-- There was Harrison Butker’s 51-yard field goal attempt going wide right to keep the game tied.

-- There was Patrick Mahomes hitting Travis Kelce in the end zone, a combination the Ravens struggled to contain all afternoon.

-- There was the Ravens failing to convert a short 4th-down conversion after an unfavorable spot from the officials, and Mahomes giving the ball back three plays later on the Ravens’ first interception in 293 pass attempts (longest drought in team history).

-- There was the Ravens not hesitating to go for another 4th-down conversion, this time capping a 14-play drive with a touchdown pass to Maxx Williams.

-- There was Patrick Mahomes completing a no-look pass

Allow me to repeat. In football, not basketball, he completed a NO-LOOK PASS.

-- There was a phantom offensive pass interference call against Michael Crabtree to derail a potential 4th quarter go-ahead drive.

-- There was offsetting penalties on a punt attempt, and Baltimore-native Cyrus Jones returning the second-chance punt 55 yards deep into Kansas City territory to set up another touchdown.

-- There was Patrick Mahomes flinging up a prayer on 4th-and-9 for a 48-yard completion to Tyreek Hill, keeping hope alive for the Chiefs.

-- There was the Chiefs’ own 4th-down touchdown completion, this one to tie the game at 24-24.

-- There was a Lamar Jackson fumble to seemingly give the victory to the Chiefs, followed by a second Butker miss to send the game to overtime.

-- There was Mahomes fumbling the ball away untouched, only for Terrell Suggs to overrun it and the Chiefs to recover.

-- There was Lamar Jackson leaving the game with an injury, and Robert Griffin III coming in on 3rd-and-22 near midfield. 

-- There was a perfect throw from RGIII on 4th-and-22 that grazed off Willie Snead’s fingertips as Kendall Fuller wrapped him up a second early with no call to seal the devastating loss.

Like so many games and seasons before, the Ravens were just one play short of getting over the hump. Even entering the game as heavy underdogs, it’s hard to feel satisfied with a “good loss” or a “moral victory” at this point in the season. Not only are the Ravens hoping to stay alive in the AFC North, but there’s now a 4-way tie among 7-6 teams fighting for the AFC’s 6-seed.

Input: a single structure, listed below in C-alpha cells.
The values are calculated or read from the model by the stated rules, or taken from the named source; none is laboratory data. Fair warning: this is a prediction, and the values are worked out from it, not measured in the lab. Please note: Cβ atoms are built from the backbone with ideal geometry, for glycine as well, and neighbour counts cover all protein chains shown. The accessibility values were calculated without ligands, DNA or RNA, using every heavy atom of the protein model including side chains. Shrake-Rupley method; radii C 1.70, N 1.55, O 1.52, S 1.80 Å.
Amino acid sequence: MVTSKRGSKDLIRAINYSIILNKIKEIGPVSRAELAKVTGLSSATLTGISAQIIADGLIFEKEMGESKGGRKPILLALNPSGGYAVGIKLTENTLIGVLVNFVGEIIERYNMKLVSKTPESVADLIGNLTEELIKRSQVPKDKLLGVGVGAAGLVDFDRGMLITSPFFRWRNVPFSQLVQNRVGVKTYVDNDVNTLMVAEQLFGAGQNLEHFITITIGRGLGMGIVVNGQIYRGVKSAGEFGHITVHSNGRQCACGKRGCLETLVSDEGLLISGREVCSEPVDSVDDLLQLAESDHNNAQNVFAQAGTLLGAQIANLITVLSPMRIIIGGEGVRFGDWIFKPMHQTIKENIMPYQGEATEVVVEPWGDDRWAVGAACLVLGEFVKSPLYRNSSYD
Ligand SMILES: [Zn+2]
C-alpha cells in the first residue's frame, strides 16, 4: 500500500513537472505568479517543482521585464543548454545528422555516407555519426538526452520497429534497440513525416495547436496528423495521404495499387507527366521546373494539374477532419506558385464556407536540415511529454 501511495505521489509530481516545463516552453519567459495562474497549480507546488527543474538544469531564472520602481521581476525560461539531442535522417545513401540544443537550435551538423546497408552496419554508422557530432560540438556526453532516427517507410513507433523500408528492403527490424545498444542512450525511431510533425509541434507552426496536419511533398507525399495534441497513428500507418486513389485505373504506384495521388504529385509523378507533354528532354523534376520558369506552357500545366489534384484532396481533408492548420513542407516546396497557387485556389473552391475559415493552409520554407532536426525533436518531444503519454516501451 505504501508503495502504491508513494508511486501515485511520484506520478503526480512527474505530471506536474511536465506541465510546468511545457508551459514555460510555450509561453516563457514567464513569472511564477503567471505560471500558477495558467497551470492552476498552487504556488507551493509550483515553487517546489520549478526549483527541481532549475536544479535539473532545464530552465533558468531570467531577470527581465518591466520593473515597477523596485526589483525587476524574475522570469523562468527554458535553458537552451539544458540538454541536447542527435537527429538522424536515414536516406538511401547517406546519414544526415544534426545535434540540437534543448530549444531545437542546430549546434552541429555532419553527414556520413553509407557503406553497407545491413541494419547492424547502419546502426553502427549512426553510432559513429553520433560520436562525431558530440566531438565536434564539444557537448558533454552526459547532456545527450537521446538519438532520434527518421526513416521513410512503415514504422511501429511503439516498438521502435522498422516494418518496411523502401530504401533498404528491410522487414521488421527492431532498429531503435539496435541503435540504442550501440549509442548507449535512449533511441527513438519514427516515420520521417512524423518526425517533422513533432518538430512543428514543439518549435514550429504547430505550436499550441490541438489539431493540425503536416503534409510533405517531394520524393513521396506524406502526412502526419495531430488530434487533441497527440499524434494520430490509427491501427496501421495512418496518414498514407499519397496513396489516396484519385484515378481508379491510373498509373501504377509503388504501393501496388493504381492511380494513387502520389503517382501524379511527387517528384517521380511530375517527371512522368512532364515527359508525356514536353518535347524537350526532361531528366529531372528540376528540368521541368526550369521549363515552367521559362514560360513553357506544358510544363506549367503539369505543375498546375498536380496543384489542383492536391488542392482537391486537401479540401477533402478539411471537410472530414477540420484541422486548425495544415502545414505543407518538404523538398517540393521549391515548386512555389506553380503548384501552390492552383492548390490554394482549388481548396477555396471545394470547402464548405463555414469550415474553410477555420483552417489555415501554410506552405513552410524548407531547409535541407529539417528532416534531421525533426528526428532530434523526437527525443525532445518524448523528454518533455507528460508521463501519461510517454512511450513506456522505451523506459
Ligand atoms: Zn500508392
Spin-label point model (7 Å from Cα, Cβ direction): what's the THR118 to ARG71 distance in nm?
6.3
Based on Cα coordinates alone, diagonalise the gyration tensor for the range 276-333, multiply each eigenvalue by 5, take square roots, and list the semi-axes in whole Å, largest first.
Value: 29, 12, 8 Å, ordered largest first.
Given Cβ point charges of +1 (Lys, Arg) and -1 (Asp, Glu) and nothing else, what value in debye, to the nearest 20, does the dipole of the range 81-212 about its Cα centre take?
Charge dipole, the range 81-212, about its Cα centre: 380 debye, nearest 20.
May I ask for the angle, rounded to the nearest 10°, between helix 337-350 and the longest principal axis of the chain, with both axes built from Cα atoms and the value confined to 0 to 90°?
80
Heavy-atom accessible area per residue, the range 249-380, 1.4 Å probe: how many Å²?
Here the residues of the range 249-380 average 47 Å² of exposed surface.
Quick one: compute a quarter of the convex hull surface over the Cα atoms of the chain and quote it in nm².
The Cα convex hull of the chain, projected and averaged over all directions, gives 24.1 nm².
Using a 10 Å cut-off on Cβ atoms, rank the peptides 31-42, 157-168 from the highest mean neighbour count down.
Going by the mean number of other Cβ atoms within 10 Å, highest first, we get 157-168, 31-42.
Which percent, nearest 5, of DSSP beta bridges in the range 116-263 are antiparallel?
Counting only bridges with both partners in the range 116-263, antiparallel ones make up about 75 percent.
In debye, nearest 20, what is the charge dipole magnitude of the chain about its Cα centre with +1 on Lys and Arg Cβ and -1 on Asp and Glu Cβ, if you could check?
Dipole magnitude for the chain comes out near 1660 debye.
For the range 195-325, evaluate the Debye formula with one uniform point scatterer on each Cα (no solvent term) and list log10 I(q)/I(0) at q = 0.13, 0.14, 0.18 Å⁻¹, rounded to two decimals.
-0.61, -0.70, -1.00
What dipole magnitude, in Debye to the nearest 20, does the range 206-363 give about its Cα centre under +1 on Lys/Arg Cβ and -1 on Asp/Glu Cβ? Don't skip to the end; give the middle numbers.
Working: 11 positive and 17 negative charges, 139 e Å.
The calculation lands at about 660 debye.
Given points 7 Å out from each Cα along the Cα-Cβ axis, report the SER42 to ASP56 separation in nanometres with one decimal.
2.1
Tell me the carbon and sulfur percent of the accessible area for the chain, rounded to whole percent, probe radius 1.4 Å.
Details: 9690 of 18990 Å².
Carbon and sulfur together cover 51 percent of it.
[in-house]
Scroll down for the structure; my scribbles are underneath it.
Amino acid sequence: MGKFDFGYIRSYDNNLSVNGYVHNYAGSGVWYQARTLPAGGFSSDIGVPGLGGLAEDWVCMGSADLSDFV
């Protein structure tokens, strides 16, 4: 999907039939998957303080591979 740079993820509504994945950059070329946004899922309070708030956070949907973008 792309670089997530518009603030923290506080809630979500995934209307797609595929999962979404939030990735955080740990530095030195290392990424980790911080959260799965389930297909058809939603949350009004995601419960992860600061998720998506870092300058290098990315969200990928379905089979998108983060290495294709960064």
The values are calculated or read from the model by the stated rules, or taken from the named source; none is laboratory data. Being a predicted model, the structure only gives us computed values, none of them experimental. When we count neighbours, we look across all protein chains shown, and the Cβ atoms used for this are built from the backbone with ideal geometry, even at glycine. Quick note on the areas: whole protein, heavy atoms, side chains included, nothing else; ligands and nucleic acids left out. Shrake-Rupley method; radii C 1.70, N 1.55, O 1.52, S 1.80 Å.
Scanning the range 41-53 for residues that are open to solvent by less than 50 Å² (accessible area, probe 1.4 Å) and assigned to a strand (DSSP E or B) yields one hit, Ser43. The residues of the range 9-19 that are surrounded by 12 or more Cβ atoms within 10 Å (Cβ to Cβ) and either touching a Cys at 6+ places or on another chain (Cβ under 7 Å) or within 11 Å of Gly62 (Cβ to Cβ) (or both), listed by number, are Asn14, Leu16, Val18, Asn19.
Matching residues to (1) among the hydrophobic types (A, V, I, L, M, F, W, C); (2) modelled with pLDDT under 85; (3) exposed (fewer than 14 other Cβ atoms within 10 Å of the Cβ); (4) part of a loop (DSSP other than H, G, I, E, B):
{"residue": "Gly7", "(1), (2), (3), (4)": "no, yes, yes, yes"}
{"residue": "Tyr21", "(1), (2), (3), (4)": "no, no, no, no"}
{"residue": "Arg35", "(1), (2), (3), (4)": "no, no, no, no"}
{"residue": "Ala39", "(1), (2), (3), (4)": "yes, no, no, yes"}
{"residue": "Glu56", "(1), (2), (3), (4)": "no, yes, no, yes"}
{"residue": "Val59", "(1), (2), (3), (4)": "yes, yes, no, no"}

The Ravens currently hold the tiebreaker, but face a tough schedule the rest of the way and now have zero room for error.

Ultimately, it was a terrific performance by the defense for 56 minutes, before looking gassed at the end of the game. It’s no coincidence that the first time the defense has failed to close the game late in the 4th quarter during the Lamar Jackson Era is also the first time the Ravens have lost the time of possession battle.

It was especially frustrating for John Harbaugh to see so many borderline calls go in favor of the Chiefs. Baltimore was called for 11 penalties for a whopping 112 yards, many coming on calls described by the broadcast as “ticky-tack” or “weak” or just plain “ehhhhhhhh.”

Nobody ever gives sympathy to the team complaining about the refs, but it makes a tough loss that much tougher. It’s more difficult to swallow a loss when the refs swallow their whistles.

There’s a lot to be encouraged by if you’re a Ravens fan. The moment wasn’t too big for Jackson, and the defense did as well as any defense has to try to defend Mahomes this season. 

There won’t be a ton of solace to take if they wind up on the outside looking in come January, though. Every game from here on out is critically important, and hopefully, the Ravens can finish more strongly against competition that isn’t as talented and downright scary as the 2018 Chiefs.